The moonphase is one of watchmaking’s most popular, and most common, complications, but there’s nothing common about the Arceau L’heure de la lune by Hermès, a beguiling example of horological ingenuity.
Much like the original Arceau L’heure de la lune, which debuted in 2019, the dial of the new U.S.-only limited editionfeatures a slice of New York meteorite that was discovered by a fishing boat and first sold by its captain in 1965, before falling into obscurity. The meteorite hunter Luc Labenne purchased the 2.95 kg meteorite in 2008 from the son of the man who purchased it in 1965. Hermès later acquired it.
The unique display conjures “a voyage through the cosmos,” says Philippe Delhotal, creative director of Hermès Horloger.
This watch hints at the existence of another space-time, a deeper interlude…it was essential to express this cosmic atmosphere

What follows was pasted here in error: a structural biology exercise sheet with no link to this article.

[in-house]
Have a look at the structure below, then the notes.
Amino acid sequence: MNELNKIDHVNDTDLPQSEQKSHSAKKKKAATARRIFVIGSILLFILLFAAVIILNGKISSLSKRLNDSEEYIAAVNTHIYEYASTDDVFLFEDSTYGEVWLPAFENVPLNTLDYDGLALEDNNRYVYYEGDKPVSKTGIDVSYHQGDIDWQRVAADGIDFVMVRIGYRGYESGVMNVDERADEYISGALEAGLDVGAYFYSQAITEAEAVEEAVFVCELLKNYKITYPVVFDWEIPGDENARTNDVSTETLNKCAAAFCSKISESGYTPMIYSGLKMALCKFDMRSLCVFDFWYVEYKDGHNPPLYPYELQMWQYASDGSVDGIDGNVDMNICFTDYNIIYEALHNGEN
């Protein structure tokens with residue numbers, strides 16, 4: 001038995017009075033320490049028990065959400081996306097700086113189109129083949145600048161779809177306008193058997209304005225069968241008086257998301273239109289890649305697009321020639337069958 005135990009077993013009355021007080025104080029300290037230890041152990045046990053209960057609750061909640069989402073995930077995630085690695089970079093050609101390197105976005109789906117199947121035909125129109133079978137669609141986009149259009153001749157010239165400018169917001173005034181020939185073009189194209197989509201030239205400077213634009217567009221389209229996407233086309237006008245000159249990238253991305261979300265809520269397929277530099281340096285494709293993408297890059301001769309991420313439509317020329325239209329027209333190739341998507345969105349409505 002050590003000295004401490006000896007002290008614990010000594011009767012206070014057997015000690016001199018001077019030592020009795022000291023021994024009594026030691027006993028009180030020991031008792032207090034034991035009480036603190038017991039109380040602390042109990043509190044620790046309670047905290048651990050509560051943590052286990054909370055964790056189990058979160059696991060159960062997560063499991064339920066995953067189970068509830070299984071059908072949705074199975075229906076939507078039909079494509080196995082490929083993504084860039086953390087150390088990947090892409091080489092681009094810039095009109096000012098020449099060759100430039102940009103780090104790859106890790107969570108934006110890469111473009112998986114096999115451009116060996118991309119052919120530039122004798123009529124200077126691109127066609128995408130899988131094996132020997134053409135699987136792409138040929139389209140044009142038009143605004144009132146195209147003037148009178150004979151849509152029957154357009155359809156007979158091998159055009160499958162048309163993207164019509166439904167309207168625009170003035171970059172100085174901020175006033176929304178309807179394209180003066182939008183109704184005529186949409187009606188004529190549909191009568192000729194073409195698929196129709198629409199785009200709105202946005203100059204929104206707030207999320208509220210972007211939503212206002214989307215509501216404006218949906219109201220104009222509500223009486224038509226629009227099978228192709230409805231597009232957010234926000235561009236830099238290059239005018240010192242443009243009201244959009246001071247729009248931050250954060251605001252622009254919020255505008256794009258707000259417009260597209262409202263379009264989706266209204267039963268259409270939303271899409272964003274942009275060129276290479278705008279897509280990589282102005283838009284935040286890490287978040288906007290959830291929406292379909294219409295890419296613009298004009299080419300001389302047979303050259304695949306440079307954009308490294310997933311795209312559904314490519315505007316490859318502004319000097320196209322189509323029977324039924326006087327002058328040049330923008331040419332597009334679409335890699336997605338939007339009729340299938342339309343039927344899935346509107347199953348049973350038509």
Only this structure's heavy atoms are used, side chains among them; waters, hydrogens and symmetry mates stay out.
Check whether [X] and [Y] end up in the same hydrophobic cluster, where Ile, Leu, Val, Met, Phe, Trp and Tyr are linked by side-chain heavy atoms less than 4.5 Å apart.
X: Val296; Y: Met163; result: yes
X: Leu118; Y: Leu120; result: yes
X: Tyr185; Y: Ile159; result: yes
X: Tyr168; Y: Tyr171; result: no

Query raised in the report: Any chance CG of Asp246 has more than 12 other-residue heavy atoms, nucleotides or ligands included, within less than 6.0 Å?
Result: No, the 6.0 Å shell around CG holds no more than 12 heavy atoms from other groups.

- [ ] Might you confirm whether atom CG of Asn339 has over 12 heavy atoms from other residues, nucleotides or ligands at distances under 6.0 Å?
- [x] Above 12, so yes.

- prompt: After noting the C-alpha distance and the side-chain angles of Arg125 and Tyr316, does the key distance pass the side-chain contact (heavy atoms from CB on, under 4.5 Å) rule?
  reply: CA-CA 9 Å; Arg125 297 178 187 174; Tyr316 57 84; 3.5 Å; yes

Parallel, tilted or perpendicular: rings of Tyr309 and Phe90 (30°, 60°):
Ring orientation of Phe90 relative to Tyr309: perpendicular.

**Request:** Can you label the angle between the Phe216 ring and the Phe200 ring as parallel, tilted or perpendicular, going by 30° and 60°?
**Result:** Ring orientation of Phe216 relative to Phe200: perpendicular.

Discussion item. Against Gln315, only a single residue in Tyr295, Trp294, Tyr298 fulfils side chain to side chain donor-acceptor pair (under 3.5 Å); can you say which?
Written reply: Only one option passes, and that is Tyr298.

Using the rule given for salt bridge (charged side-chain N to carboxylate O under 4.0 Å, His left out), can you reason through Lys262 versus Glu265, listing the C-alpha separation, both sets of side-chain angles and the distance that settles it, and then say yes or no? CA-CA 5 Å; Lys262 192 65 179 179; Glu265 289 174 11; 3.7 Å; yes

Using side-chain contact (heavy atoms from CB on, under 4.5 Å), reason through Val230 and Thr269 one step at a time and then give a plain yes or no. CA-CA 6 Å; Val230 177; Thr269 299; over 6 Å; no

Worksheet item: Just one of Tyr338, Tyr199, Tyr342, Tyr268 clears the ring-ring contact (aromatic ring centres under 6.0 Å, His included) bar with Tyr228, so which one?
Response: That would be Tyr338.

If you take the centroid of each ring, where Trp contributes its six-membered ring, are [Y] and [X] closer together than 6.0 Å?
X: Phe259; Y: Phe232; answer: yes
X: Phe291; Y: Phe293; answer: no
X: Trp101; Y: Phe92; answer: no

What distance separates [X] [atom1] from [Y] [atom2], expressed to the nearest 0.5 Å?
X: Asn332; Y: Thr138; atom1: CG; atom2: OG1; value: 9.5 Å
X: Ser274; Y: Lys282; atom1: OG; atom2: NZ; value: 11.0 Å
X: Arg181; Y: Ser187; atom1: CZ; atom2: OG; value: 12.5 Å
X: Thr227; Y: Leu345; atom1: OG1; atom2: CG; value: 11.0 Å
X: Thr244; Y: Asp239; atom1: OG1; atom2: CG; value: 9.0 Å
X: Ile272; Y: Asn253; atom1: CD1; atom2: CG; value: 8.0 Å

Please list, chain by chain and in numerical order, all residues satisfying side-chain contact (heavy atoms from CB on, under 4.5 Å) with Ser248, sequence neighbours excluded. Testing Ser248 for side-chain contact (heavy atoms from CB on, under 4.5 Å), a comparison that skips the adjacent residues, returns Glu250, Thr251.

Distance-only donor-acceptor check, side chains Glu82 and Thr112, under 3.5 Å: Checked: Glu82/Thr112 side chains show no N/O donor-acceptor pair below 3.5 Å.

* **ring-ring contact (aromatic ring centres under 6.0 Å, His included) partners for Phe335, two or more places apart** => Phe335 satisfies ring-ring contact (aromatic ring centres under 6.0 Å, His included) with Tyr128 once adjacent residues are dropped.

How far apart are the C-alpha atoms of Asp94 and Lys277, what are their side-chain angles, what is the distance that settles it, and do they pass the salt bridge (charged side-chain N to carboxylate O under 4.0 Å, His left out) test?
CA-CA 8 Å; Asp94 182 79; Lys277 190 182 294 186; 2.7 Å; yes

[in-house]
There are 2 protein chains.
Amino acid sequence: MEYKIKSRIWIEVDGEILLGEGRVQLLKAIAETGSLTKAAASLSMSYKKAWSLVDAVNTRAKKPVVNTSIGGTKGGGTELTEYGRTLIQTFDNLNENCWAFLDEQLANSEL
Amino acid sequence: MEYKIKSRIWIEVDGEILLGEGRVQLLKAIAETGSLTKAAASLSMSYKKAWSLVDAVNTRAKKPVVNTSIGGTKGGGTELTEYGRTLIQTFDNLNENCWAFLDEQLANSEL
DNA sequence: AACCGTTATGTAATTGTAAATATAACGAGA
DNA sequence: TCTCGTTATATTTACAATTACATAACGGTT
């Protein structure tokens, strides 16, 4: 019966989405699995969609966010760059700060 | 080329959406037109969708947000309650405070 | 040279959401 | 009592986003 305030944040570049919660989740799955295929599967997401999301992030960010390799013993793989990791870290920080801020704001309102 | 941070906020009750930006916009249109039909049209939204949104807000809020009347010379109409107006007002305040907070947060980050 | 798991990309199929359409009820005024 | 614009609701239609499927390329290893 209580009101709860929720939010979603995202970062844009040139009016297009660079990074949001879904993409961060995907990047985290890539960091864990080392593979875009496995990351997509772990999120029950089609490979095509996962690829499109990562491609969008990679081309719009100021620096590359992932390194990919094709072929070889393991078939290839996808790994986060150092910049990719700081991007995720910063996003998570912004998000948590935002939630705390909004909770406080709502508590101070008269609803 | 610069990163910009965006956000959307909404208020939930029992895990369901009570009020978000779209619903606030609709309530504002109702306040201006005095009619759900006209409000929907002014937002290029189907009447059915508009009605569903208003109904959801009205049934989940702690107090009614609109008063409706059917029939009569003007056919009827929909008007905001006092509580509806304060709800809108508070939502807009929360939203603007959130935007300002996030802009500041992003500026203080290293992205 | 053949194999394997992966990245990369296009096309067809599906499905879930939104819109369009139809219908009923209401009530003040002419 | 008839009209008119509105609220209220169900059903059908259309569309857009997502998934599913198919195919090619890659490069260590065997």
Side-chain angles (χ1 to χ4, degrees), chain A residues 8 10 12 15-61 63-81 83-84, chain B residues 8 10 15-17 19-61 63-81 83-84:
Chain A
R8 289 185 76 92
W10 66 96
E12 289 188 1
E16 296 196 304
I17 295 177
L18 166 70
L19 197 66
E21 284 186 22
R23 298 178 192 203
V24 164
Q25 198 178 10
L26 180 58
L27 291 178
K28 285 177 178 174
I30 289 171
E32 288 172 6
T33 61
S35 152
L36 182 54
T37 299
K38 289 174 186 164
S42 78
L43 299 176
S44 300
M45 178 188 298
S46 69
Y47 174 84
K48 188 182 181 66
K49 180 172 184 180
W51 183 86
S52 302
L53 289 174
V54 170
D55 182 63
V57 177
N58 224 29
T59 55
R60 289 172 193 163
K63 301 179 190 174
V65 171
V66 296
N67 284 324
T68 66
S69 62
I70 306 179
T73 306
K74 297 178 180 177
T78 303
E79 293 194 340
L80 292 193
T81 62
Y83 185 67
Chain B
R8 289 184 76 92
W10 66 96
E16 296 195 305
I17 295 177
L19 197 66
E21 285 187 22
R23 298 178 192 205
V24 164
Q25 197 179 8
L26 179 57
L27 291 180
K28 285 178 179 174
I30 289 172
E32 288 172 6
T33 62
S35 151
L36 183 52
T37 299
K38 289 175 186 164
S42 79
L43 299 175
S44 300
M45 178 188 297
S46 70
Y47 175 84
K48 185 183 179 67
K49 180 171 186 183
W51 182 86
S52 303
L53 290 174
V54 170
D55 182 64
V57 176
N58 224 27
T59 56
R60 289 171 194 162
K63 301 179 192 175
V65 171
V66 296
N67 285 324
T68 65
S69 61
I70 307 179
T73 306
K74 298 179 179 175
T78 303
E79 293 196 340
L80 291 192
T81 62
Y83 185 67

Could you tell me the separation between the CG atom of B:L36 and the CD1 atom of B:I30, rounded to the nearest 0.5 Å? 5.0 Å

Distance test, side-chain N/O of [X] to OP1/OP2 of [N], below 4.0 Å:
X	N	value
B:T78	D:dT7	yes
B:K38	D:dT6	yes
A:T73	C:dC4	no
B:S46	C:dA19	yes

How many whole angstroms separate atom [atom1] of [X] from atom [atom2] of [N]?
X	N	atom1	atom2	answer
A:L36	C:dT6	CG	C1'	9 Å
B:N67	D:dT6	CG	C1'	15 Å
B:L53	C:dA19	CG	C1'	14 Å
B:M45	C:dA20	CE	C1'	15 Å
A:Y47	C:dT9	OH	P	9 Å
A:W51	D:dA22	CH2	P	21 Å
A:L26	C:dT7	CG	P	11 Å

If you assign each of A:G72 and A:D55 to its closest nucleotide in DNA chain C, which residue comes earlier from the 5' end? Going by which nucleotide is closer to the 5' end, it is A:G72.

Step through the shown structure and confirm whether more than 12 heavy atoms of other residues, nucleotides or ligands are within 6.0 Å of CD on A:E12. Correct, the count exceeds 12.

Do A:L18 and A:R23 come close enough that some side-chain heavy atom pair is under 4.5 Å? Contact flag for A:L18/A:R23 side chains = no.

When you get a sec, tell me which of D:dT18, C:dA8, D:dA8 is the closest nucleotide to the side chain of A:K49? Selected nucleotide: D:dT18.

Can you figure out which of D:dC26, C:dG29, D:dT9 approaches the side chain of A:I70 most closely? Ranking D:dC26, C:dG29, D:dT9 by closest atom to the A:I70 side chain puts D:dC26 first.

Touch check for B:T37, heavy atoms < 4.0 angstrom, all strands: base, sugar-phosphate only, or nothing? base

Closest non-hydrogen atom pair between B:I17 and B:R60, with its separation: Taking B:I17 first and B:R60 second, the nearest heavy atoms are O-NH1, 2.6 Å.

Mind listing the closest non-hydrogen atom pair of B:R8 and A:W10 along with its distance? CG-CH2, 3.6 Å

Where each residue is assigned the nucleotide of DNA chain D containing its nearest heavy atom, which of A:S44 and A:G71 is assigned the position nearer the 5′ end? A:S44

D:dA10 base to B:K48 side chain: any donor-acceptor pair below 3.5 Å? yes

The module that powers the moonphase is equally spectacular. Developed with Jean-François Mojon, a technical specialist who heads Chronode SA, a Le Locle, Switzerland-based movement maker, the model features two subdials (for time and date), which orbit around two moons, one in the northern hemisphere and the other in the southern. A Pegasus designed by the “dreamer-designer” Dimitri Rybaltchenko adorns the moon at 12 o’clock, while the moon at 6 o’clock evokes the satellite’s rocky, rugged surface.
Hermès has collaborated with the artist Dimitri Rybaltchenko on a number of objects, from silk scarves to furniture
He has created various designs for Hermès creations. The Pegasus is one of these. We love making bridges in our creations. It is a meaningful motif and an extraordinary link with the moon. It is a whimsical touch to let anyone continue dreaming of what he can see on the moon. Mr Rybaltchenko understands the philosophy of the Maison and our passion for creating singular objects
The watch is housed in a 43 mm case made of platinum and is equipped with a self-winding mechanical Hermès Manufacture H1837 movement, available in a limited edition of 16 pieces.